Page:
Mutual Mentoring:
A New Paradigm Of An Old Tradition


I surmise that the best way conversatio happens on a daily basis is when we are open to being mentors and being mentored by another. Change in our own behavior happens when the words or example of another calls into question whether we are living the monastic life fully. Sister Joan Chittister, in her book Wisdom Distilled from the Daily, says: "To live community life well is to have all the edges rubbed off, all the rough parts made smooth. There is no need then for disciplines to practice. Life itself is the discipline."2 I believe that a community life that is filled with opportunities for mutual mentoring is a life that will truly smooth out our rough edges and bring us closer to Christ.

I searched the Internet for information about mentoring and I found a book entitled Mentor Teacher by Rita Peterson at the University of California's educational site. In her book on mentoring Peterson gives the history of the word mentor and also talks about mentoring relationships being reciprocal. I would like to read three paragraphs from chapter 1 entitled "What is a Mentor."

The concept of mentoring has a long history, one that comes to us from Greek mythology. In Homer's Odyssey, Mentor was the teacher of Telemachus, the son of Odysseus. But Mentor was more than a teacher. Mentor was half-God and half-man, half-male and half-female, believable and yet unreachable. Mentor was the union of both goal and path, wisdom and personified.

Today, some 3500 years later, mentoring relationships are still valued. In many professions mentors are thought to enhance if not ensure the professional development and success of talented newcomers. Increasingly, mid-career professionals seek mentors when they wish to develop new levels of expertise and to advance in the profession.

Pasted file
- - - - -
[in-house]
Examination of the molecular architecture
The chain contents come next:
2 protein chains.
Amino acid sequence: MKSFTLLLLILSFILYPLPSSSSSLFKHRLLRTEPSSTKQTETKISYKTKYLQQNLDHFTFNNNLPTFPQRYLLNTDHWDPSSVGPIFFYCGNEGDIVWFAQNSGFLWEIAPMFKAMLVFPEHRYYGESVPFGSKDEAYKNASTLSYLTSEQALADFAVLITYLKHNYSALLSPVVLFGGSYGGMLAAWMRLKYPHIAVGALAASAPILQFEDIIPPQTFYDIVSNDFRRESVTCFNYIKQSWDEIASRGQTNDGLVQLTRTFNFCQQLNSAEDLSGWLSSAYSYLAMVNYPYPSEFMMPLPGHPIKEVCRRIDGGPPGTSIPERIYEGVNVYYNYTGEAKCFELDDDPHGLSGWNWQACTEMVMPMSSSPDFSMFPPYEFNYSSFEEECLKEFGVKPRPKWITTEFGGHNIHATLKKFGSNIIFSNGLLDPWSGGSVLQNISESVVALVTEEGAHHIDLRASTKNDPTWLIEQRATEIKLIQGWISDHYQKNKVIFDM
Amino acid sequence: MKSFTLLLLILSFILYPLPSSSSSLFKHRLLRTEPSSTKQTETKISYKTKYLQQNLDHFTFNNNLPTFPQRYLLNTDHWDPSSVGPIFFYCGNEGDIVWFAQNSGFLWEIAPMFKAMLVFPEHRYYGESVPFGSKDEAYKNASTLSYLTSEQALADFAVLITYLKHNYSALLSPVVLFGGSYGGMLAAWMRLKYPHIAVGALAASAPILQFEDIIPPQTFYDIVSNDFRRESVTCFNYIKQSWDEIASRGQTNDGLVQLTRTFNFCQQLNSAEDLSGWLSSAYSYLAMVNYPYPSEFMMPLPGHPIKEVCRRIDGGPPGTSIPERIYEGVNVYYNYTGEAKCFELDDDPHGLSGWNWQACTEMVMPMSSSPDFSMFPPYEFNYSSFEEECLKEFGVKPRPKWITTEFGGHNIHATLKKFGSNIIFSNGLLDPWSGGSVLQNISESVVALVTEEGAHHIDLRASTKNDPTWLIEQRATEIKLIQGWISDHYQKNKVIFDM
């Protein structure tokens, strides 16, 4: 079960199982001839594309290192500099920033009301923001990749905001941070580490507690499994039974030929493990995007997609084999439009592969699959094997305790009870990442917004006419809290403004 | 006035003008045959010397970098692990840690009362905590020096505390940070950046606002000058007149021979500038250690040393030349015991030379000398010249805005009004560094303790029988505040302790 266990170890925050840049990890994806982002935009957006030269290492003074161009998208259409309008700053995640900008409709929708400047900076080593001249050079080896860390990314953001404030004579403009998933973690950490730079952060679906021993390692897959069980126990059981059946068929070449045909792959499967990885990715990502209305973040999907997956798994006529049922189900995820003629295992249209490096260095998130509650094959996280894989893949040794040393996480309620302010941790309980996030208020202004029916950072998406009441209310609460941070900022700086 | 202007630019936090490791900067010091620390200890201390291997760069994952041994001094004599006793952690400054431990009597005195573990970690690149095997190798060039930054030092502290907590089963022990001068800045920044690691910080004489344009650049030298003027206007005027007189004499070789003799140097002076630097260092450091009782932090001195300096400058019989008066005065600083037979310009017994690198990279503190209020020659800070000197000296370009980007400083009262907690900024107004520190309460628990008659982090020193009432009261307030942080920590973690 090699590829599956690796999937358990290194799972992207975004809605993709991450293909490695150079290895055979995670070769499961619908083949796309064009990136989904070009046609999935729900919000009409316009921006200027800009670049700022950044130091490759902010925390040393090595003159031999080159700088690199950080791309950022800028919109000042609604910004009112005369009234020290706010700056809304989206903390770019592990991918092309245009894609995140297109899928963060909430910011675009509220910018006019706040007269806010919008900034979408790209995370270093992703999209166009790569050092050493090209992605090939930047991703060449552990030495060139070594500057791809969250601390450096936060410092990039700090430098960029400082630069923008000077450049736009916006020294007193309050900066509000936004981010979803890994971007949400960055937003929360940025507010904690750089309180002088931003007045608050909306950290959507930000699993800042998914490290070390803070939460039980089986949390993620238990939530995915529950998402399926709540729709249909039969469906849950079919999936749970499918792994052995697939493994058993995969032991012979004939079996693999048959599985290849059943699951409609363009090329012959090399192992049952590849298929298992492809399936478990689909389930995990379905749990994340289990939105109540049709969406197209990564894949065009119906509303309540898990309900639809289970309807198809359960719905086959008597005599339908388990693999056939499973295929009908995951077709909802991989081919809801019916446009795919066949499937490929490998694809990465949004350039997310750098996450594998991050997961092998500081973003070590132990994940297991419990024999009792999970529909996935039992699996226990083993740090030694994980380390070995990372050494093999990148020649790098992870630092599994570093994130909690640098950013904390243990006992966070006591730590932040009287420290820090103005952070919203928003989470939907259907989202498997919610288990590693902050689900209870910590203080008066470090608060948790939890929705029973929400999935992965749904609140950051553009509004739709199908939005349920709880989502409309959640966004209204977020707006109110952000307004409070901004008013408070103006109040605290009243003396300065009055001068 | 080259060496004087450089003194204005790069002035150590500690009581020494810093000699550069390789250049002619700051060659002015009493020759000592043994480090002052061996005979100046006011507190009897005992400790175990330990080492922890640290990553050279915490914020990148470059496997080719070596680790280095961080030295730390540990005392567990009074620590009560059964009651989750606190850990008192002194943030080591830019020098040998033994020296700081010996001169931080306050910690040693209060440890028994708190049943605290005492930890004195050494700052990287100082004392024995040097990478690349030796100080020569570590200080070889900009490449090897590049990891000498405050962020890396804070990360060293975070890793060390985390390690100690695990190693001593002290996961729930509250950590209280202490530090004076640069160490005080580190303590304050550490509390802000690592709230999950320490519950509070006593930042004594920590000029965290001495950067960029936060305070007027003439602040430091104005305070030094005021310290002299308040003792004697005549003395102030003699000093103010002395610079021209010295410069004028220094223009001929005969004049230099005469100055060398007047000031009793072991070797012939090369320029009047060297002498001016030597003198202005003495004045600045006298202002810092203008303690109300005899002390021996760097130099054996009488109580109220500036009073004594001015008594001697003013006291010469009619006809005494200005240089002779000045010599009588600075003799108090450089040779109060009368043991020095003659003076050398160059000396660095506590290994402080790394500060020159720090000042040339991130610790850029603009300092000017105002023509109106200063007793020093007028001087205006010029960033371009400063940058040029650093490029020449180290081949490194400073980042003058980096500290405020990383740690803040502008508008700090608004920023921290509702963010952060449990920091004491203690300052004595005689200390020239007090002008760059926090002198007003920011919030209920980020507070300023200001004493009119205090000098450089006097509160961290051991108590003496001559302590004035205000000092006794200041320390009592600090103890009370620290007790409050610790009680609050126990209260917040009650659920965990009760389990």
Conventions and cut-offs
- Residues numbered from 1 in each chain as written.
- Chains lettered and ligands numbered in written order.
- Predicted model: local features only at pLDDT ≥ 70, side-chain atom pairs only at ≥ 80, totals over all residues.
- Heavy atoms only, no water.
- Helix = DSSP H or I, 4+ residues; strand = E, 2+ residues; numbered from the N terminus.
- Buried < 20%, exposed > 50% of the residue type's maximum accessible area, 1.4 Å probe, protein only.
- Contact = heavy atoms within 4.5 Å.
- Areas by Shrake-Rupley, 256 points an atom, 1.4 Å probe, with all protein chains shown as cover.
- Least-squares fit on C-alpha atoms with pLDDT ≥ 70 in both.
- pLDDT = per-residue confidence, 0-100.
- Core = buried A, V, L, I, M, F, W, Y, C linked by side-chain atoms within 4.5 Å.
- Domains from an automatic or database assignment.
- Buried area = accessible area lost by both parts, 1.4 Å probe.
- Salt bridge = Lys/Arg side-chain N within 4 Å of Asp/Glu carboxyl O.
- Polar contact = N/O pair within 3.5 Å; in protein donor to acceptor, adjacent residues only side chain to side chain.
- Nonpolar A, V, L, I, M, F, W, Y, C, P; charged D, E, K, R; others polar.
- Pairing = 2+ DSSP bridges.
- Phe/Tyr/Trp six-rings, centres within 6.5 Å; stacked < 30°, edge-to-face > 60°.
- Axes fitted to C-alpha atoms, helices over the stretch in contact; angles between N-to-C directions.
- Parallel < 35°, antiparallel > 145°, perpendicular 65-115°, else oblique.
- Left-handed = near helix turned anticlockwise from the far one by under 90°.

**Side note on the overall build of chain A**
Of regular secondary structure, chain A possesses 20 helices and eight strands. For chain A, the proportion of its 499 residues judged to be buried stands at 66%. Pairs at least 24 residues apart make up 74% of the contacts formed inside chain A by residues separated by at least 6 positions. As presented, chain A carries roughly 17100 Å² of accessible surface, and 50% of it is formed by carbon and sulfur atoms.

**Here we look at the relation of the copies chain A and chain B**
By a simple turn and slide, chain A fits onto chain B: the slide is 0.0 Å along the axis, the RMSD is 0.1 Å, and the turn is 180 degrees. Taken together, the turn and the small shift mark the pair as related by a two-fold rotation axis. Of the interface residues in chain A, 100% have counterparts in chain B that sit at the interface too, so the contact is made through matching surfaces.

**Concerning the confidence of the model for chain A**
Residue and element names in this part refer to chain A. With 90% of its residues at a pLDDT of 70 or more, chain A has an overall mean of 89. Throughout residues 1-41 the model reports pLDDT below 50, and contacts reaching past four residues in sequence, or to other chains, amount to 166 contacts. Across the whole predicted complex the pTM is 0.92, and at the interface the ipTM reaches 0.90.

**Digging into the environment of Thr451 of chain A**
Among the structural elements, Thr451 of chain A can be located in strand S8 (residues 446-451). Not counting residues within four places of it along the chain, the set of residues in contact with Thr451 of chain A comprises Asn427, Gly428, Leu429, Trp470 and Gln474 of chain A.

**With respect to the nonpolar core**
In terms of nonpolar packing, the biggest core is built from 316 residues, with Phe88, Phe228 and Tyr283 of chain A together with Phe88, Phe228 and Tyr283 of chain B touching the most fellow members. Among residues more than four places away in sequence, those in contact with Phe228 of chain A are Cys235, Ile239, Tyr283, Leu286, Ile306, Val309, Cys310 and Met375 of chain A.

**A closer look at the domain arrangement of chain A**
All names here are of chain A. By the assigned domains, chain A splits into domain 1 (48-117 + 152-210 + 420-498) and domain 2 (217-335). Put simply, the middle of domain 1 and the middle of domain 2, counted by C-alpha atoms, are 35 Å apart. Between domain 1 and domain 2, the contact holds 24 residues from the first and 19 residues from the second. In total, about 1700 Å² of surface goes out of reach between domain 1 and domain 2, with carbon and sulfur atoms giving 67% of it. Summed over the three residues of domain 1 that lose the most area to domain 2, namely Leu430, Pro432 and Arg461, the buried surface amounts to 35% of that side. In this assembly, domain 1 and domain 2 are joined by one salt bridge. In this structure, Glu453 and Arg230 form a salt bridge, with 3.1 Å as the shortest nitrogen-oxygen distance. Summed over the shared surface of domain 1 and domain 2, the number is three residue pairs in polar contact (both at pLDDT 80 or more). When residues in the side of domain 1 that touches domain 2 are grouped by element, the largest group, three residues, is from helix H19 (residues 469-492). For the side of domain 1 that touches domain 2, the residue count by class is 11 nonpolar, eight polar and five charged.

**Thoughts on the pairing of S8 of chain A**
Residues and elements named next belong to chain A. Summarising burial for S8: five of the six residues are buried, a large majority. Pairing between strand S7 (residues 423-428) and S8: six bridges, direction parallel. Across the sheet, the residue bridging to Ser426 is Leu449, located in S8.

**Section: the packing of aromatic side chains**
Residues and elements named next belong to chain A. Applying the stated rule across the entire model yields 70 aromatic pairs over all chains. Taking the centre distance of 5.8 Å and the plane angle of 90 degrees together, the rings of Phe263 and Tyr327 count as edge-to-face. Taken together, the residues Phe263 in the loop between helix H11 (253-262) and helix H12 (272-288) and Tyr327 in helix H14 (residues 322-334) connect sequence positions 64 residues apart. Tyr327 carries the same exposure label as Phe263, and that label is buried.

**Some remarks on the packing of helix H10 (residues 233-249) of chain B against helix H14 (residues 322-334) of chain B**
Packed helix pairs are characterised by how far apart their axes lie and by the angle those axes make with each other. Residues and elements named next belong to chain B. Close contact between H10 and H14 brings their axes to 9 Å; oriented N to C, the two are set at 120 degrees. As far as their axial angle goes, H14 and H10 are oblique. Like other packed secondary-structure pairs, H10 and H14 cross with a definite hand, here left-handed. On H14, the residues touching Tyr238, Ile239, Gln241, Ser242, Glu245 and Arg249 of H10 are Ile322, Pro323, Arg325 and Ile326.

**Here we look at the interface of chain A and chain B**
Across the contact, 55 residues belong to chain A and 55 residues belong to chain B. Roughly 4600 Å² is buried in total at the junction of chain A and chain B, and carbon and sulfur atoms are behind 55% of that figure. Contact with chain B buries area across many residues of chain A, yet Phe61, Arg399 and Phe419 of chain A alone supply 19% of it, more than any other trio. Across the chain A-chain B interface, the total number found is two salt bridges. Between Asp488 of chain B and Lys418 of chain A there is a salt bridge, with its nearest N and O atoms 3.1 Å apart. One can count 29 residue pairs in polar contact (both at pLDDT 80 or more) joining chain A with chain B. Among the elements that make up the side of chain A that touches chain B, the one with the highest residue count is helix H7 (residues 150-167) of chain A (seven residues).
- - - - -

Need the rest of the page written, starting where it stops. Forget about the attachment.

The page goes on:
Yet, if mentoring were only a means for aspiring young professionals to gain a career foothold or to be given a boost up the career ladder, mentoring would be a one-way street. Common experience tells us that one-sided relationships do not work as well as reciprocal relationships where there is an even exchange of some kind. In fact, mentoring relationships most likely are reciprocal if they achieve their fullest potential.3

There is no doubt that we need mentors for those who are looking at religious life today. We need those who have lived the monastic life and speak from experience. We need prudent and experienced advisors, advising by both word and example. In my eleven years as director of vocation ministries for the Sisters of St. Benedict at Ferdinand, I found that seeing the whole community as potential mentors for those discerning a vocation was my greatest insight for moving the vocation program to a new level.

What I did not expect to find was the fact that women visiting our community and sharing time and their experiences with us would mentor us in turn. These women helped advise us as to what women are truly looking for today in religious life. By their continual questions and comments, they helped us to look at how we are living the monastic life and at times to see the community with new eyes. Someone once said that being vocation director is not always a popular position in the community because it is like holding a mirror up to the community. I really believe this is true. When women come to visit us, they are quite honest, if asked what they observe about the community and what they think about it. Are we, as religious, willing to be open to being mentored by those looking at our lifestyle? Or do we feel we have all the wisdom and just need to tell them how it is and what to do? After all, that is the way it happened for us, isn't it?

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2(New York: Harper 1990) 167. return

3Rita Peterson, Mentor Teacher's Handbook, May 3, 1996 <>. return

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